EA/00192/2022 & EA/04384/2022
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IN THE UPPER TRIBUNAL
IMMIGRATION AND ASYLUM CHAMBER
Case Nos: UI-2022-006132
First-tier Tribunal Nos: EA/00192/2022
THE IMMIGRATION ACTS
Decision & Reasons Issued:
On 17 April 2023
UPPER TRIBUNAL JUDGE KEBEDE
DEPUTY UPPER TRIBUNAL JUDGE DOYLE
(no anonymity order made)
SECRETARY OF STATE FOR THE HOME DEPARTMENT
For the Appellant: Mr D Coleman, instructed by House of Immigration Solicitors
For the Respondent: Ms A Nolan, Senior Home Office Presenting Officer
Heard at Field House on 29 March 2023
DECISION AND REASONS
1. The appellant is a national of Albania born on 23 October 1995. He has been granted permission to appeal against a decision of the First-tier Tribunal promulgated on 28 September 2022. That decision arose out of two linked appeals heard by First-tier Tribunal Judge O’Garro on 12 September 2022, both of which were dismissed. Although the grounds seeking permission to appeal and the grant of permission cite both appeal references, it is in fact the decision in only one of the appeals which is challenged before the Upper Tribunal.
2. The first case, UI-2022-006132 (EA/00192/2022), relates to the appellant’s appeal against the respondent’s decision of 3 November 2021 to refuse his application of 14 July 2021 under the EU Settlement Scheme as the family member of his aunt, Mira Patogu, an Italian citizen. It was conceded on behalf of the appellant before Judge O’Garro that he could not succeed in that appeal as he could not meet the requirements of Appendix EU since he had not held a relevant document prior to 30 December 2020. Mr Coleman confirmed that Judge O’Garro’s decision to dismiss the appeal in respect of that decision was not challenged.
3. The second case, UI-2022-006133 (EA/04834/2022), relates to the appellant’s appeal against the respondent’s decision of 13 March 2021 to refuse his application of 31 December 2020 for a residence card under the Immigration (European Economic Area) Regulations 2016 as the extended family member of his EEA sponsor, Ms Patogu. It is Judge O’Garro’s decision to dismiss that appeal which is the subject of the case now before the Upper Tribunal.
4. The appellant claims to have moved from Albania to Italy in 2013, at the age of 17 years, to live with his aunt, Ms Patogu, that his aunt was appointed his legal guardian by an Italian court in 2013 whilst they were all residing in Italy, and that he came to the UK in December 2015 with his aunt and her family. He claimed that his aunt and her family returned to Italy after a few weeks and then came back to the UK in April 2016 to settle here, and that he had been living with her continuously in the UK since that time. He had stayed with his uncle in the interim.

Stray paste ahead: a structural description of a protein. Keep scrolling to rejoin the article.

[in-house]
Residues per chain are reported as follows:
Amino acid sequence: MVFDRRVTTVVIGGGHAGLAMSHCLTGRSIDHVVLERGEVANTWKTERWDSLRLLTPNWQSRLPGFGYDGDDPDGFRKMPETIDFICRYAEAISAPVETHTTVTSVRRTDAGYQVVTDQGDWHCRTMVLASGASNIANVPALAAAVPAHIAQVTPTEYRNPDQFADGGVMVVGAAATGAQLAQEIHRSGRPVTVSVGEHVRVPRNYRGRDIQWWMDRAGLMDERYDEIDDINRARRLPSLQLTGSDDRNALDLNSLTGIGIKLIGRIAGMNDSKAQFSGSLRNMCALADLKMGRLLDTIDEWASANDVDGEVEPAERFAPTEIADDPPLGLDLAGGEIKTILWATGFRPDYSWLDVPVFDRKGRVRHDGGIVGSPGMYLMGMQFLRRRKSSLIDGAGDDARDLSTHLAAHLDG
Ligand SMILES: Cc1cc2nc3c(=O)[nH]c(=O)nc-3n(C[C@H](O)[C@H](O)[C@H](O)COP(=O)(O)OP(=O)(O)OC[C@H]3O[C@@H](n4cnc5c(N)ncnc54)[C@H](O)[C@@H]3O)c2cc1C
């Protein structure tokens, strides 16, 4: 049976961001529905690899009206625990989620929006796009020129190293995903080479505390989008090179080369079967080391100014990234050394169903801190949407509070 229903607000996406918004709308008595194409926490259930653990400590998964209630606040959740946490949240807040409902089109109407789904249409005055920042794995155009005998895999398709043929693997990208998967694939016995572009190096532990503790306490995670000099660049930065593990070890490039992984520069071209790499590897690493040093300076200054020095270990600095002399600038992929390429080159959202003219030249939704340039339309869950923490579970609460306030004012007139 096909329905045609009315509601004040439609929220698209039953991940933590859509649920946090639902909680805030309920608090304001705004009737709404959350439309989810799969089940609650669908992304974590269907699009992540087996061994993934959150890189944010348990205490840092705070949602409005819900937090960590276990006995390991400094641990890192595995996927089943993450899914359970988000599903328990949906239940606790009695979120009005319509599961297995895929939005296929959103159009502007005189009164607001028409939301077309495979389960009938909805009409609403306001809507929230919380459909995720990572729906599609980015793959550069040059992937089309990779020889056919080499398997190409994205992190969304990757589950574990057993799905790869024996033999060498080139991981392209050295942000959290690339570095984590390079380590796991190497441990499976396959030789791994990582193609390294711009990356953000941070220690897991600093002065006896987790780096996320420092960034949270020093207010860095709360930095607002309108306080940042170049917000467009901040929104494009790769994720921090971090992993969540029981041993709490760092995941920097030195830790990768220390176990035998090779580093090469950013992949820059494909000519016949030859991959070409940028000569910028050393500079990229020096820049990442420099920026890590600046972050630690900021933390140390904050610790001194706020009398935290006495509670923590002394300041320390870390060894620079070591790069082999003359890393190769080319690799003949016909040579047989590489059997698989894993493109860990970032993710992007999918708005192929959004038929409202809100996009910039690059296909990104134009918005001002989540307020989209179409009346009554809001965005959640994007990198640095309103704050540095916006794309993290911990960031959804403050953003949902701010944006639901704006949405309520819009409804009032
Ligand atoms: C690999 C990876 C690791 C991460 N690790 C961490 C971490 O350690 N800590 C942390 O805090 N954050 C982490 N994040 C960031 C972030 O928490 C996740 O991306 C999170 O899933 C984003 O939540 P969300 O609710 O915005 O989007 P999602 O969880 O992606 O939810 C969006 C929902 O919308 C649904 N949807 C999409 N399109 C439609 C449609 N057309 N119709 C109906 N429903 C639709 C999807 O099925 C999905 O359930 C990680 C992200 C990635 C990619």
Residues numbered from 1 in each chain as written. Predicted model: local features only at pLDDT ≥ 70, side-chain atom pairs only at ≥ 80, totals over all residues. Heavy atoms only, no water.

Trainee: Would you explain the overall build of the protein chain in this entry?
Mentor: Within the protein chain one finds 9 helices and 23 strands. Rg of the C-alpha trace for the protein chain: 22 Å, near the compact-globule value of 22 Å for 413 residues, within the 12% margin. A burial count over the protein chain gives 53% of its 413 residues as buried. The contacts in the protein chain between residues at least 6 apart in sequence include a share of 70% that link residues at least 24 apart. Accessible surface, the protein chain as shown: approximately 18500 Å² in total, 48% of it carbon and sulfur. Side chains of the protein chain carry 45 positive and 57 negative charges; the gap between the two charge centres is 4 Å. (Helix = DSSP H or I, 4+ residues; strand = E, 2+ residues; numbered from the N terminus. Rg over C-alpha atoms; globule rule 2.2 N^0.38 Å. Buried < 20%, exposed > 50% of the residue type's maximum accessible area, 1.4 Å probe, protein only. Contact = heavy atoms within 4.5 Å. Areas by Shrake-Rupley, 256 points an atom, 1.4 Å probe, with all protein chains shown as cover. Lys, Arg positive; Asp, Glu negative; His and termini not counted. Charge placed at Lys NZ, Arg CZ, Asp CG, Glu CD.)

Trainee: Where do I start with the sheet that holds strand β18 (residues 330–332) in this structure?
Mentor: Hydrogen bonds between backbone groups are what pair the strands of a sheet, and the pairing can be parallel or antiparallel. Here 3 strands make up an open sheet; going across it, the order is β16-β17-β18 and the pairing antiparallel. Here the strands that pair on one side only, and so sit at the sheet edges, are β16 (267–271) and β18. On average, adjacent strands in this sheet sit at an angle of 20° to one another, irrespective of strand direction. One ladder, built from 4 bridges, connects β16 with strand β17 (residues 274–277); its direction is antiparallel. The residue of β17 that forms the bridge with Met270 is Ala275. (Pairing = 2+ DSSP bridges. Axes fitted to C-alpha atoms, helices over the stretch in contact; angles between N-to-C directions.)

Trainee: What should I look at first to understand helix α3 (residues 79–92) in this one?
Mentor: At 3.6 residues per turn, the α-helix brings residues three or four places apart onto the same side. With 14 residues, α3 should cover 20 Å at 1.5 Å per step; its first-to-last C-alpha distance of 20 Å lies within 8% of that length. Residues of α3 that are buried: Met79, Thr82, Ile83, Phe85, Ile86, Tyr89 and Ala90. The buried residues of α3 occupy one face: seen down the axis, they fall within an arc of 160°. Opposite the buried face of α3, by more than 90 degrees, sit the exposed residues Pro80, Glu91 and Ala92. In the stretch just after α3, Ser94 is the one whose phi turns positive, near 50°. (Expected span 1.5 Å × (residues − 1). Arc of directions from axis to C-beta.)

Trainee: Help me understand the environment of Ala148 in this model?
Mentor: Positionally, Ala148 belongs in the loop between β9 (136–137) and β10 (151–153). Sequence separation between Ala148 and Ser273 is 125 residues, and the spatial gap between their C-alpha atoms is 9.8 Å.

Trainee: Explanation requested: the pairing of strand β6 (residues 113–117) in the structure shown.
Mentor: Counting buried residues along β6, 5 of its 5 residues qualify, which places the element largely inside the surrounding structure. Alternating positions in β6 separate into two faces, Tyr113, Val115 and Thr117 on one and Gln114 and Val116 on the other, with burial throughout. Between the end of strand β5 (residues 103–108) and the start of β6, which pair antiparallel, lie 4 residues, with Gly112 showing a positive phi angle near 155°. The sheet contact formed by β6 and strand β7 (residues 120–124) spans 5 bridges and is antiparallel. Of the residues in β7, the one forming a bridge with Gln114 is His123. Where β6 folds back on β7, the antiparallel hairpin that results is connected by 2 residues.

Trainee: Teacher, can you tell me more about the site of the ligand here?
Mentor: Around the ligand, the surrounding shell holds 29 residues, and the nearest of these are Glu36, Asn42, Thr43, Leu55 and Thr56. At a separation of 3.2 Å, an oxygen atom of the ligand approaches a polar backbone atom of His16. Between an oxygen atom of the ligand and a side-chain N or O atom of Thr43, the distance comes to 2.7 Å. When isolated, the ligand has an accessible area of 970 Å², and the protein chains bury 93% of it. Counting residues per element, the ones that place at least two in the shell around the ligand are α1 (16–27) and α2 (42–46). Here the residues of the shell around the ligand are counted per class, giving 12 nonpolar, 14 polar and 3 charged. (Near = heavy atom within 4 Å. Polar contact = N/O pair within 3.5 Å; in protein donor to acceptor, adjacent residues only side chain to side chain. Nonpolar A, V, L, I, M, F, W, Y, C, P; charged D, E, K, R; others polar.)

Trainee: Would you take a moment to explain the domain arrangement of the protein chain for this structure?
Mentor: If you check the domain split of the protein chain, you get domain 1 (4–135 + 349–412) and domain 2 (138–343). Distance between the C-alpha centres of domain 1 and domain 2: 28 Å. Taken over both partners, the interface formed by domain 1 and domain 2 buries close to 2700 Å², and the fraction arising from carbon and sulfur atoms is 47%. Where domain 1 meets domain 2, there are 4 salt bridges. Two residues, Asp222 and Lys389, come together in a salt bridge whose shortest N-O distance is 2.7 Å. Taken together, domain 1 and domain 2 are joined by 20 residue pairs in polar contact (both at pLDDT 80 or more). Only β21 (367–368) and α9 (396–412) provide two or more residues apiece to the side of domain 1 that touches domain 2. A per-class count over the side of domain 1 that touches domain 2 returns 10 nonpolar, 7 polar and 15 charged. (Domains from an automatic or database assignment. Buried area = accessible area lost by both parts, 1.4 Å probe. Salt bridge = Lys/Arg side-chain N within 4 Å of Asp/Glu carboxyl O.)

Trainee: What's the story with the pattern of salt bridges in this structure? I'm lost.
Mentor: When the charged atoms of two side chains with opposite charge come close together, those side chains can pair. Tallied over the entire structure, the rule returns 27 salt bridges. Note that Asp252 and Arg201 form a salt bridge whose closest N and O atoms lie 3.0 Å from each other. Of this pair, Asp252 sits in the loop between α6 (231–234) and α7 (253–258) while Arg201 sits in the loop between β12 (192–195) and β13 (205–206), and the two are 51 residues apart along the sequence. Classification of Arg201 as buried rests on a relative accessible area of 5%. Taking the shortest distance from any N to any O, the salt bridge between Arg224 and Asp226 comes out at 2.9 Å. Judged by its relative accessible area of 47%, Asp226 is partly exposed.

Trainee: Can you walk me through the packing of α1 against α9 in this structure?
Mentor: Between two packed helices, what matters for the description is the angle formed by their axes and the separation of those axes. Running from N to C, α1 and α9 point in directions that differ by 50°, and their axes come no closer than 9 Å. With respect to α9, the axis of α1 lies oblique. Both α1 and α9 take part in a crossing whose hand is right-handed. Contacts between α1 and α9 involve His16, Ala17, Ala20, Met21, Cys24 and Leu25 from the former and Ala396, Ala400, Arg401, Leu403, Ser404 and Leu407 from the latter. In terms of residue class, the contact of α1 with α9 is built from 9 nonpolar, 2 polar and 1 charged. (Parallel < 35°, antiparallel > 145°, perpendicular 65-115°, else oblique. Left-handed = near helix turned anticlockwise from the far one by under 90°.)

5. The appellant’s application for an EEA residence card was refused by the respondent on the grounds that it was considered that he had failed satisfactorily to establish his relationship to, and dependency upon, his EEA national sponsor and had failed to demonstrate that his sponsor was exercising treaty rights in the UK. The respondent did not accept that the appellant had been dependent upon the sponsor either prior to, or since, coming to the UK.
6. Judge O’Garro, in her decision dismissing the appellant’s appeal against that decision, accepted that the appellant and sponsor were related as nephew and aunt, that the sponsor was exercising treaty rights in the UK and that the appellant had lived with his aunt in Italy until he came to the UK in December 2015. However the judge found there to be insufficient evidence to demonstrate that the appellant had been living continuously with his aunt from the time he entered the UK until the present and that he was, and had been, dependent upon his aunt in the UK. The judge found there to be no documentary evidence showing that the appellant had lived at the address given for his aunt in 2016 to 2018 and 2020 to 2021 and she noted that the Monzo bank statements in his name which he had submitted for the appeal, which gave his aunt’s address, only covered the period February to April 2022 and that the only other evidence of his address was for the year 2019. The judge gave little weight to the evidence of witnesses who had not attended the hearing and found the evidence of those witnesses who had attended, namely the appellant and his aunt and uncle, to be unreliable. That was because they claimed that he was not working and that he was dependent upon his aunt and uncle for his basic necessities, whereas the Monzo bank statements suggested that he had no need to be dependent on his aunt. The judge considered that there was contradictory evidence as to whether or not the appellant had a brother in the UK and concluded from the documentary evidence that the appellant was working and had a brother in the UK with whom he was living, and that he was not living with, or dependent upon, his sponsor.